Meet the woman who has not sat for 30 years
Joanna Clich is 32 years old today and she suffers from a degenerative muscle disease that allows her to do almost nothing.
But she can still dream - and that's what she wants to achieve
Sunday, 22 May 2022, 07:05 Updated: 08:44
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A woman who has not sat down for 30 years due to a rare medical condition in which her thigh has been "melted" into the joint in a fixed position of standing, terrified that her legs will "fail at any moment" which will force her to lie in bed for the rest of her life.
Joanna Clich, 32, last settled down as a toddler, and she remembers only a life of standing or lying down, due to a rare genetic condition that causes her to develop spinal muscular dystrophy, which weakens muscles and impairs movement, as well as central core disease, which causes The same.
Despite her limitations, until the age of 21, Joanna - who experienced daily pain - lived a "normal life" in which she studied and worked in her hometown in Poland.
But her symptoms worsened when she moved to Staffordshire in England, with her partner in 2011, where she remained and now uses a vertical wheelchair.
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"Can't imagine what life would be like just lying down"
"I need help with all my daily needs. Even when I go to the bathroom, I need to have special toilets," Clich explained to the British independent, "I have pain every day because my body weight is not supported and my knees are weak. I feel my left knee break. "Soon and then I will not even be able to stand. I can not even imagine what life will be like just lying down."
"The hardest thing was when my friends were going to dance"
Joanna grew up with her mother, who is still in Poland, and her father, who died, along with her two sisters in a small village, "My mother told me I was sitting as a little girl, but I do not remember it. Like going to the bathroom or getting out of bed. "
She added: "I would stand in class at the school desk next to my friend, but I never felt any different. I had a lot of friends and they never treated me differently. When I was growing up, I wished I could walk like other children, but I did not mind not sitting, "To me it was normal. The hardest thing was when my friends were going to dance and I had to stand and watch, because I could not do it."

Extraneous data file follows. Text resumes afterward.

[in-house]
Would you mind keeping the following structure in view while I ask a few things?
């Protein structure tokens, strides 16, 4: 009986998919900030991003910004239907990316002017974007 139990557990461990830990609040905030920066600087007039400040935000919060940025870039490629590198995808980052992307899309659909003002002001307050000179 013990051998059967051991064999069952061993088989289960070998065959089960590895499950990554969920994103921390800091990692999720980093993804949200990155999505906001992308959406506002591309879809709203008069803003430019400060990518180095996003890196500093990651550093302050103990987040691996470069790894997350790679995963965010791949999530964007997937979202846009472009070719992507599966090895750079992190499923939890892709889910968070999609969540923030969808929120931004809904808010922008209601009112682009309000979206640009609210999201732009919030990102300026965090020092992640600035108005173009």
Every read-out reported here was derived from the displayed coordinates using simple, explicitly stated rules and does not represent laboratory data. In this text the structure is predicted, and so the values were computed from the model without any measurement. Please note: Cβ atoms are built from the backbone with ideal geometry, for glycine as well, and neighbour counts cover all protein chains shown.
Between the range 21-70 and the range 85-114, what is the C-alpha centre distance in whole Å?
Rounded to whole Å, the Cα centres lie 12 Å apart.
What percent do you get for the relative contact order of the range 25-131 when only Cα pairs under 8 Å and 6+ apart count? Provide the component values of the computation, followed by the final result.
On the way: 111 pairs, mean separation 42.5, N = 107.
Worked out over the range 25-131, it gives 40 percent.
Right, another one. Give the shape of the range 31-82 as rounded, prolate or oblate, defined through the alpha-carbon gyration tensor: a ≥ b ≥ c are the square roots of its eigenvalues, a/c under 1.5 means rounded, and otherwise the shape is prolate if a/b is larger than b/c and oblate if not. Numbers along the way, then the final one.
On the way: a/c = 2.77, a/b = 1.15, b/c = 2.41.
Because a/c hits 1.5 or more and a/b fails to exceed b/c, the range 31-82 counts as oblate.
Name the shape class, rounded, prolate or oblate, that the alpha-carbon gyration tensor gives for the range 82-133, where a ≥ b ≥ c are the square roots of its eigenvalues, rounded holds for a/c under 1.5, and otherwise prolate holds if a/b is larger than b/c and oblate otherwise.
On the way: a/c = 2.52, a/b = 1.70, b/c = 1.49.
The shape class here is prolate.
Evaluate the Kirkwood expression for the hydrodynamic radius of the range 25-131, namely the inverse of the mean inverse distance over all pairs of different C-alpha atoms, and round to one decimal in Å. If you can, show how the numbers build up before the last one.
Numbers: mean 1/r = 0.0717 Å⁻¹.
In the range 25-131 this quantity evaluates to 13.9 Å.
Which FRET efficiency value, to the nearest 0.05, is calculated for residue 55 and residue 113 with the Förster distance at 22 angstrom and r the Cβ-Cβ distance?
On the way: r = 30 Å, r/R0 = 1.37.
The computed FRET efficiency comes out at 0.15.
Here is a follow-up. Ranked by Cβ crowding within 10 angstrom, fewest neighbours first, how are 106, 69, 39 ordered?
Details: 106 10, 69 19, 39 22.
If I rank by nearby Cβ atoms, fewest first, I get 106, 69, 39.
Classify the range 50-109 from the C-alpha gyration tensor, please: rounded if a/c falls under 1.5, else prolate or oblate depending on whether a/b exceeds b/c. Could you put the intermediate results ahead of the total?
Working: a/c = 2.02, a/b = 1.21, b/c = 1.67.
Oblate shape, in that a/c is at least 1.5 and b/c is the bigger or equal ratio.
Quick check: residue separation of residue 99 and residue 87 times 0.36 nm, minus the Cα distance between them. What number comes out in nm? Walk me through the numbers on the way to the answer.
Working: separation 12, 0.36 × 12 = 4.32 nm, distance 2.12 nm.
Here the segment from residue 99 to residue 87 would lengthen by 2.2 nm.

In England she started a business as a nail, makeup and eyelash technician.
"But then I started struggling to walk, because I was too weak and could only stand. I thought it was normal at first, because I stood for 15 hours every day, but my condition got worse."
By 2016, Joanna had to start using a vertical wheelchair to support herself and turn around, but even with that, the pain became so unbearable that she had to give up work in 2019.
"I could not stand because of the pain and I started doing everything slowly," she said, "but then I will have to lie down as long as possible."
Now, Joanna is relying on her vertical, sturdy wheelchair to hold on - but even that hurts her, as her body weight presses on her weak limbs.
She takes painkillers daily and she also needs a respirator that will help her breathe at night because her lungs are weaker when lying down.
Want to make dreams come true
But one of the things that was most difficult for Joanna was accepting the fact that she would not have children, because her condition would make it impossible.
"I can not be a mother. I started thinking about being a mother when I was 19."
She added: "But I know it will be very, very difficult in my situation and I could die. I love children, so it's a nightmare for me."
Now, her big fear is that her legs will collapse and she will not be able to stand anymore.
For this reason, she is desperate to raise enough money for private intensive physical therapy, which she hopes will ease the strain on her muscles and help her avoid surgeries for as long as possible.
Surgery is dangerous, as it involves changing the position of the thighs to a permanent sitting position.
This is why she has resorted to mass recruitment which she hopes will help her recover and fulfill dreams along the way.